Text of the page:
For years, we've all been used to inboxes bursting at the seams with promotional email. But increasingly disgruntled recipients are starting to make their voices heard, and as a result online retailers are beginning to cut the amount of junk mail they send.
A report in the New York Times suggests that the change of heart — which might currently be difficult for consumers to notice — could change our inboxes for good. According to the report, the amount of e-commerce spam sent out by the top 100 online retailers has shot up by 87 per cent since 2007, and some companies now manage to send out over 500 emails a year to each of their customers. But that's changing, reports the New York Times:
...there are signs of customer burnout. A study of its retail clients by email marketing firm Harte-Hanks found that since 2007, the rates at which recipients open retail emails and click on links have declined. In the first six months of 2007, consumers opened 19% of the retail emails they received and clicked through to the website 3.9% of the time. By the first half of 2011, those numbers shrank to 12.5% and 2.8%, respectively.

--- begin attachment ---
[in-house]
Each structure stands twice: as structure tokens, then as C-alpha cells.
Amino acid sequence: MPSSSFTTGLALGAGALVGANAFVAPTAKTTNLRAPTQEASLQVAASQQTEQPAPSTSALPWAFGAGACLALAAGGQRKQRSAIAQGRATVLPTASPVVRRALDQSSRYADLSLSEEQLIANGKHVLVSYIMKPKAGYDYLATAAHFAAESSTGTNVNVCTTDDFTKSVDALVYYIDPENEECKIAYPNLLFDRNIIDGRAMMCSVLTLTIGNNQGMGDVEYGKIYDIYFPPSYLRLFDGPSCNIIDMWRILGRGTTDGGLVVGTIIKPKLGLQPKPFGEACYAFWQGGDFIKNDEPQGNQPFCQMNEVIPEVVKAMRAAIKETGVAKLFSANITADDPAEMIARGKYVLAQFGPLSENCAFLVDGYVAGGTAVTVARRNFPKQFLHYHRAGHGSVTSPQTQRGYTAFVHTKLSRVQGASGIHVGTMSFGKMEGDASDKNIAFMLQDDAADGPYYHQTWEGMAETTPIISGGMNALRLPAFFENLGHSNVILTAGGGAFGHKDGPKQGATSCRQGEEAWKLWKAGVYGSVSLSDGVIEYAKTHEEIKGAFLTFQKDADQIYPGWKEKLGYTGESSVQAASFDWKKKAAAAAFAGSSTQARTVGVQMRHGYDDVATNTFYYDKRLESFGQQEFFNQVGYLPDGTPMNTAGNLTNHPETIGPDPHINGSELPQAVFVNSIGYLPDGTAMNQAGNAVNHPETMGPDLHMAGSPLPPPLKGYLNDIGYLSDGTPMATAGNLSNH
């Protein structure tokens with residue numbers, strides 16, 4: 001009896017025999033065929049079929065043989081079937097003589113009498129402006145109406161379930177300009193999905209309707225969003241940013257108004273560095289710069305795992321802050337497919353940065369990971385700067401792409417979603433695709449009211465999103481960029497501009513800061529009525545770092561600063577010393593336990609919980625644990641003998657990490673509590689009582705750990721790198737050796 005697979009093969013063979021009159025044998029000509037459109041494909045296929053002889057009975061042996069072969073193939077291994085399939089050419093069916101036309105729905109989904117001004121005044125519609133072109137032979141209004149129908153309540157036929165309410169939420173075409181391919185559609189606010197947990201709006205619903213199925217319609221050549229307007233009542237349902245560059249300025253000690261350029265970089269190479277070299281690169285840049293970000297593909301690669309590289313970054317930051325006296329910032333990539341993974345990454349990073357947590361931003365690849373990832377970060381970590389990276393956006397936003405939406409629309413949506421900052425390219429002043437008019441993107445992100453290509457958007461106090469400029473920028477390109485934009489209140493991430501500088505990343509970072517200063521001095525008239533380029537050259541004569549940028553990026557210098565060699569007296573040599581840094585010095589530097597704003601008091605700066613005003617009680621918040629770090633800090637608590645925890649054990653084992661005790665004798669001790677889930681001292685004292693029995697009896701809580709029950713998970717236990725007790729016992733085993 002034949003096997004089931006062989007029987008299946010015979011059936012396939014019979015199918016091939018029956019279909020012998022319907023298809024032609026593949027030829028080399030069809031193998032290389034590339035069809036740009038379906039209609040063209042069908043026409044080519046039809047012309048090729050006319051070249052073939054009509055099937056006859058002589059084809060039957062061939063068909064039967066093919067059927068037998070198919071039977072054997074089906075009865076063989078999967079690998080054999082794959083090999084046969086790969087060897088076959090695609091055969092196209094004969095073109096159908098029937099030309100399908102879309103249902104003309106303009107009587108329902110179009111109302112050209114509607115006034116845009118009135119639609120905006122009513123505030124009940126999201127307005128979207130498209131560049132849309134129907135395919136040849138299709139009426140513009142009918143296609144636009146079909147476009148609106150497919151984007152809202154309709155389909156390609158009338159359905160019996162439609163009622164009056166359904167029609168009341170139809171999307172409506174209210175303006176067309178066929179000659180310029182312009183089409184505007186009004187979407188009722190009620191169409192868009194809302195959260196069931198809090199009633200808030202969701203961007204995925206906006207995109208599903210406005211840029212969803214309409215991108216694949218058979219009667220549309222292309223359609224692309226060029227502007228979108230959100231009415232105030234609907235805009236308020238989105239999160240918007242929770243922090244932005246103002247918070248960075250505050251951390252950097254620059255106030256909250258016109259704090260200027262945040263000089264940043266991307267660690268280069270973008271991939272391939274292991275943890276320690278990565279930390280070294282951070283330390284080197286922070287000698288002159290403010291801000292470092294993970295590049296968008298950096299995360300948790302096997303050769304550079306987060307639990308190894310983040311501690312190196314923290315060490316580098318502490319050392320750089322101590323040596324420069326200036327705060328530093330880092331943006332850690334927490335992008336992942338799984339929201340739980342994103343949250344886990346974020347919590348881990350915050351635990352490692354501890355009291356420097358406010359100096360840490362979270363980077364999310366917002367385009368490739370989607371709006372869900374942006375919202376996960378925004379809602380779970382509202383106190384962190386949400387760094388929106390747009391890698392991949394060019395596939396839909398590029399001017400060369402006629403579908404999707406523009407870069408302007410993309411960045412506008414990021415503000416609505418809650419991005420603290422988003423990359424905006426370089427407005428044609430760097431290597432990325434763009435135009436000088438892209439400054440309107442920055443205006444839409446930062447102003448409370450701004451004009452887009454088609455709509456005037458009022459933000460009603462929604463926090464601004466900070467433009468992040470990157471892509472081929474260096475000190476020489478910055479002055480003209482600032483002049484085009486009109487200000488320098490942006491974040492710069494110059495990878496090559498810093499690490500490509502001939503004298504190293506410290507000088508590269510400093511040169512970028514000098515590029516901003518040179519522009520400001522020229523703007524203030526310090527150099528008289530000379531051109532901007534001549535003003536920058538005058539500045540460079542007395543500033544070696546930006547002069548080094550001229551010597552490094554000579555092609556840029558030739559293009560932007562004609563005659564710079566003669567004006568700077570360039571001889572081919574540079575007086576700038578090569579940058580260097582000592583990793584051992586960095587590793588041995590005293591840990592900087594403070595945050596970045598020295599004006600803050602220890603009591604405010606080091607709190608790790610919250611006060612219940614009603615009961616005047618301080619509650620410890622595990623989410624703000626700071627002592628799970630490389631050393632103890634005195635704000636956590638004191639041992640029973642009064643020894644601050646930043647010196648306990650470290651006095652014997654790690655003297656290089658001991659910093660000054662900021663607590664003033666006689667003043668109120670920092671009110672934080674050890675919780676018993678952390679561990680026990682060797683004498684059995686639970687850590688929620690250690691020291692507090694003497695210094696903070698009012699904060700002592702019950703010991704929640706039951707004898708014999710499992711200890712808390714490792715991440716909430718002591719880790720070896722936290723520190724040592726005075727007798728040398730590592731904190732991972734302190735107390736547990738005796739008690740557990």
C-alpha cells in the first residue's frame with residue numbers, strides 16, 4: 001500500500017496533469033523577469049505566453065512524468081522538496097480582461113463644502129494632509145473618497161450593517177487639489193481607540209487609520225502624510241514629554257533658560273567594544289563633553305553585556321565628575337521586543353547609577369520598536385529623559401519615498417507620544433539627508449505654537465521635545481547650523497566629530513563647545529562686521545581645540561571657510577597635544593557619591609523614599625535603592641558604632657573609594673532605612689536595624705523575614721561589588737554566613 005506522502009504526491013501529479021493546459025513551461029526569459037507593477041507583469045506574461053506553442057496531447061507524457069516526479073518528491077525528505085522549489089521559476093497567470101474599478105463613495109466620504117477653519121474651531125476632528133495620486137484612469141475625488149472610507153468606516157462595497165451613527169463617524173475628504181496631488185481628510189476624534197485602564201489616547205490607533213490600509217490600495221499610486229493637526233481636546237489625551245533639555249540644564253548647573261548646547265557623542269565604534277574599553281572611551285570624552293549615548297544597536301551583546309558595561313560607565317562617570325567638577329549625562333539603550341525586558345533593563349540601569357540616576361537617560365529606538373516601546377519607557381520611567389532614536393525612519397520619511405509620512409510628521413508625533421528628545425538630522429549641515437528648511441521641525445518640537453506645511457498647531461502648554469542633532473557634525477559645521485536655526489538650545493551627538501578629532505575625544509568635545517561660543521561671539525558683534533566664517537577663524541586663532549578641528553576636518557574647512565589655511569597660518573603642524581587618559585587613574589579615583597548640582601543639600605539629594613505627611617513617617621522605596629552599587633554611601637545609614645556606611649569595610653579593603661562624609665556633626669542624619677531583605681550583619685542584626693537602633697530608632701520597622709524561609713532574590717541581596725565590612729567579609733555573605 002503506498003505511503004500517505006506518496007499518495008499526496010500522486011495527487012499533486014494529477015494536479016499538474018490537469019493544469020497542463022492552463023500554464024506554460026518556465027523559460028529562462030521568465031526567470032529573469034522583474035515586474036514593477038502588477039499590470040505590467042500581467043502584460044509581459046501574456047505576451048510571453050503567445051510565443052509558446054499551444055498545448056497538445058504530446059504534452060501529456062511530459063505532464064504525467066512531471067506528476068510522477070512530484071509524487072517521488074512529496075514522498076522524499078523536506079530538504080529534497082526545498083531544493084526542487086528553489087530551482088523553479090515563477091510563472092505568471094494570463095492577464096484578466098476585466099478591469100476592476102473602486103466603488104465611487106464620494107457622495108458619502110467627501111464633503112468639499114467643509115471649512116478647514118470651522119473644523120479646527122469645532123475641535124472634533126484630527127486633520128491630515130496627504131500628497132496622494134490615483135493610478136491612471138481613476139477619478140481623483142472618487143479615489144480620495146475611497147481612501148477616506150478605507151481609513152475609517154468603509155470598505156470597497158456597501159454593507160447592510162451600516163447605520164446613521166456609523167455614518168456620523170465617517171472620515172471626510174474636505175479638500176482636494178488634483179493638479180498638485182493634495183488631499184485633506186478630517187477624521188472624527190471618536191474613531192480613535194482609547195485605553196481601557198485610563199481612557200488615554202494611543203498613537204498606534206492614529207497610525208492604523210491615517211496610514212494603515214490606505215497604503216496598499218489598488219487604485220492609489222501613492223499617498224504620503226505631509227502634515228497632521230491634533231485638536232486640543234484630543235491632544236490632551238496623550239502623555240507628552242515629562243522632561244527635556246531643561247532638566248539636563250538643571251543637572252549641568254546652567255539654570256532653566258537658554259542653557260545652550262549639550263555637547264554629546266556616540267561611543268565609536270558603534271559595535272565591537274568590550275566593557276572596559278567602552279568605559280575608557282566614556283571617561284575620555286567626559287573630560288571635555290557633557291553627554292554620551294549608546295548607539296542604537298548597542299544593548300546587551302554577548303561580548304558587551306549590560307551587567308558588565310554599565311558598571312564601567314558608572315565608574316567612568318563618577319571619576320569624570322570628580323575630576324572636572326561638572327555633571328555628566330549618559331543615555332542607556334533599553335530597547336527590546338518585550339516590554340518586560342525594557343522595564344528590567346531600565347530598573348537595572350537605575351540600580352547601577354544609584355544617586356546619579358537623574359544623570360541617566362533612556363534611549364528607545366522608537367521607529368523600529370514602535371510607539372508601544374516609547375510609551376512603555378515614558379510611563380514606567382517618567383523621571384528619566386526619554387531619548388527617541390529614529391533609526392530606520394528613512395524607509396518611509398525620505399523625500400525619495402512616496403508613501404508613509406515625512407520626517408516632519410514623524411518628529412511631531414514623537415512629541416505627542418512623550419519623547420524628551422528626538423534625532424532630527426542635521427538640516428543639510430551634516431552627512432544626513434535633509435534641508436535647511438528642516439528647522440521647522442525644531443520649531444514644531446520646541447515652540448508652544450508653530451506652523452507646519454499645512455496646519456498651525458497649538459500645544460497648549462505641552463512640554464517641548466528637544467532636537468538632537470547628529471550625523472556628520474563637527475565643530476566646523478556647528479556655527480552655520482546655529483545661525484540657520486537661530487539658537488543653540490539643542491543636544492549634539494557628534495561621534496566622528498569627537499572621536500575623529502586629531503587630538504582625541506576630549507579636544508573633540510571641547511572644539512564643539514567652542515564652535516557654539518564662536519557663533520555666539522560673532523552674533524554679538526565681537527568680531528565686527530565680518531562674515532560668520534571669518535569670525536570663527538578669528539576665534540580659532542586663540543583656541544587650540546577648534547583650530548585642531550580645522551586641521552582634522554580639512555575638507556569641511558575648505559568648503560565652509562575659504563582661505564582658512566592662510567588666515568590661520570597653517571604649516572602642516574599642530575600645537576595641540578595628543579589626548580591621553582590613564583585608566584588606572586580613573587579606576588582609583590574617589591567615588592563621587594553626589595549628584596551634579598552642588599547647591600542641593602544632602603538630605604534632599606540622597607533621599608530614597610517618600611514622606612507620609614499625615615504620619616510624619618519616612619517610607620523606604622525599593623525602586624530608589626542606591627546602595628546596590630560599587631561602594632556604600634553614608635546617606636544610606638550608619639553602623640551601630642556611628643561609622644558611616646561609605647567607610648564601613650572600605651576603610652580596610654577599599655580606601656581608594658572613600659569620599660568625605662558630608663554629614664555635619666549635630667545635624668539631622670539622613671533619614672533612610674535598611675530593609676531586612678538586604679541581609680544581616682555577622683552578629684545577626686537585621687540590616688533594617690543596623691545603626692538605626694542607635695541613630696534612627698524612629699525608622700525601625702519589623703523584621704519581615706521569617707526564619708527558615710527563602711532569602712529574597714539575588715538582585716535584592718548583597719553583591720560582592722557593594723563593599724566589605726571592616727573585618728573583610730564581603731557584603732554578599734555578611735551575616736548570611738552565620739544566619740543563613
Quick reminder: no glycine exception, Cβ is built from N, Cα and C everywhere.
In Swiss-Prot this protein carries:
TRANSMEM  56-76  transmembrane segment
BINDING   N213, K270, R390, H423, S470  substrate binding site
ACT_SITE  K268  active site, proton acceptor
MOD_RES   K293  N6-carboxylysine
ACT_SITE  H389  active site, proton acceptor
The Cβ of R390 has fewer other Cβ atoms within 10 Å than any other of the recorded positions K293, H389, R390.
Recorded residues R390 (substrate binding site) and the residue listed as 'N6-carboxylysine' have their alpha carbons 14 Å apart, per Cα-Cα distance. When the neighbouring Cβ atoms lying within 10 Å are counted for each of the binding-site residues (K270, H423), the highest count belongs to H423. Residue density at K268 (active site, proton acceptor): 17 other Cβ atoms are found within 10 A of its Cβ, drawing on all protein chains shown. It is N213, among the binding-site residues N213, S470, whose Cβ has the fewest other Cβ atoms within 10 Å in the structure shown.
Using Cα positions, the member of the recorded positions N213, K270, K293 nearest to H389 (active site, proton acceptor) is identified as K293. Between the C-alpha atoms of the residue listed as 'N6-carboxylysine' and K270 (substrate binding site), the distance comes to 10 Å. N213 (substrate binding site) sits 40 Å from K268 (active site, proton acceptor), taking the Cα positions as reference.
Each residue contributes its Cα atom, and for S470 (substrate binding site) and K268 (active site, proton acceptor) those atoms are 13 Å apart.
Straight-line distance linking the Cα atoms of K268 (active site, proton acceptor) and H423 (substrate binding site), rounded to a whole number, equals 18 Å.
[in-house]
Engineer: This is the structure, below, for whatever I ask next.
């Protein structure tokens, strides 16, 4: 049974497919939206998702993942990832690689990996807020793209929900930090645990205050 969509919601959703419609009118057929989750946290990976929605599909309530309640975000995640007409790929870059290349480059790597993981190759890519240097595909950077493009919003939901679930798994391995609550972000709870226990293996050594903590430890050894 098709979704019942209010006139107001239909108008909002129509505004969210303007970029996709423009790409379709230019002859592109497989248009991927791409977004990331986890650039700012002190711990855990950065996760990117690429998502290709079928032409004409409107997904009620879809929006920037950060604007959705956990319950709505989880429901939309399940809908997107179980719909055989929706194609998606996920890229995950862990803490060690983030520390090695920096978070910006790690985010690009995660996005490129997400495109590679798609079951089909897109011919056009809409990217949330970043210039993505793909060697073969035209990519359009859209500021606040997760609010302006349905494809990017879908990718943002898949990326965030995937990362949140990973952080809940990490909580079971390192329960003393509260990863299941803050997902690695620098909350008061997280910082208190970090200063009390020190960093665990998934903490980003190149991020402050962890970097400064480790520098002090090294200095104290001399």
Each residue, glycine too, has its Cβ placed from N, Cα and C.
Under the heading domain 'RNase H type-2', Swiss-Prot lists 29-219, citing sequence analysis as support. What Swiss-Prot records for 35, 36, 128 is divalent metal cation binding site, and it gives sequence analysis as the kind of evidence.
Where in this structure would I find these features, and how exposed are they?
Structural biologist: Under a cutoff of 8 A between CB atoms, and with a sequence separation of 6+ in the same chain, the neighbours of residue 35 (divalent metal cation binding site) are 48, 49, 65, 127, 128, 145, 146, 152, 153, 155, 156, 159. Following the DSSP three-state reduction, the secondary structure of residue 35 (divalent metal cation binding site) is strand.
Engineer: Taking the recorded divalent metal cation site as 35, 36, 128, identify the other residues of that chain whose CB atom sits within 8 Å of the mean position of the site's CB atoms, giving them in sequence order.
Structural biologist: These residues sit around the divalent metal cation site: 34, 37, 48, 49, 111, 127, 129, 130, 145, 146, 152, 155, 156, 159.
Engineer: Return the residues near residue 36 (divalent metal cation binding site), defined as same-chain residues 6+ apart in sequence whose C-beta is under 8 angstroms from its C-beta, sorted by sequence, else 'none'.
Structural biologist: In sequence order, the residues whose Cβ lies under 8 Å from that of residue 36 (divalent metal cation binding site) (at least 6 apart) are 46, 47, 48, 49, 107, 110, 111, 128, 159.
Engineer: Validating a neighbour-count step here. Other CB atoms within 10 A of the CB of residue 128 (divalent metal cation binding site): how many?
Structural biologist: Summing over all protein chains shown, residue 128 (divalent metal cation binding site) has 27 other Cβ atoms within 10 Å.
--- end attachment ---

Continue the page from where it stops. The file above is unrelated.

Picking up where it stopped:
Some retailers are finding that sending fewer emails can pay off. Since cutting back its volume, Nicole Miller has seen the rate at which customers "unsubscribe"-or request to stop receiving emails-drop, and the percentage of recipients who open the emails has grown from 15% to 40%, according to Andrea Marron, director of digital strategy at the company. Meanwhile, the percentage of online sales that began with an email has grown to 17% from 10%.
Interestingly, unsubscribe rates have hardly changed since 2007, which means that on some level — even if we bitch and moan about them — we don't seem to mind being flooded with promos enough to actually do anything about them. [New York Times]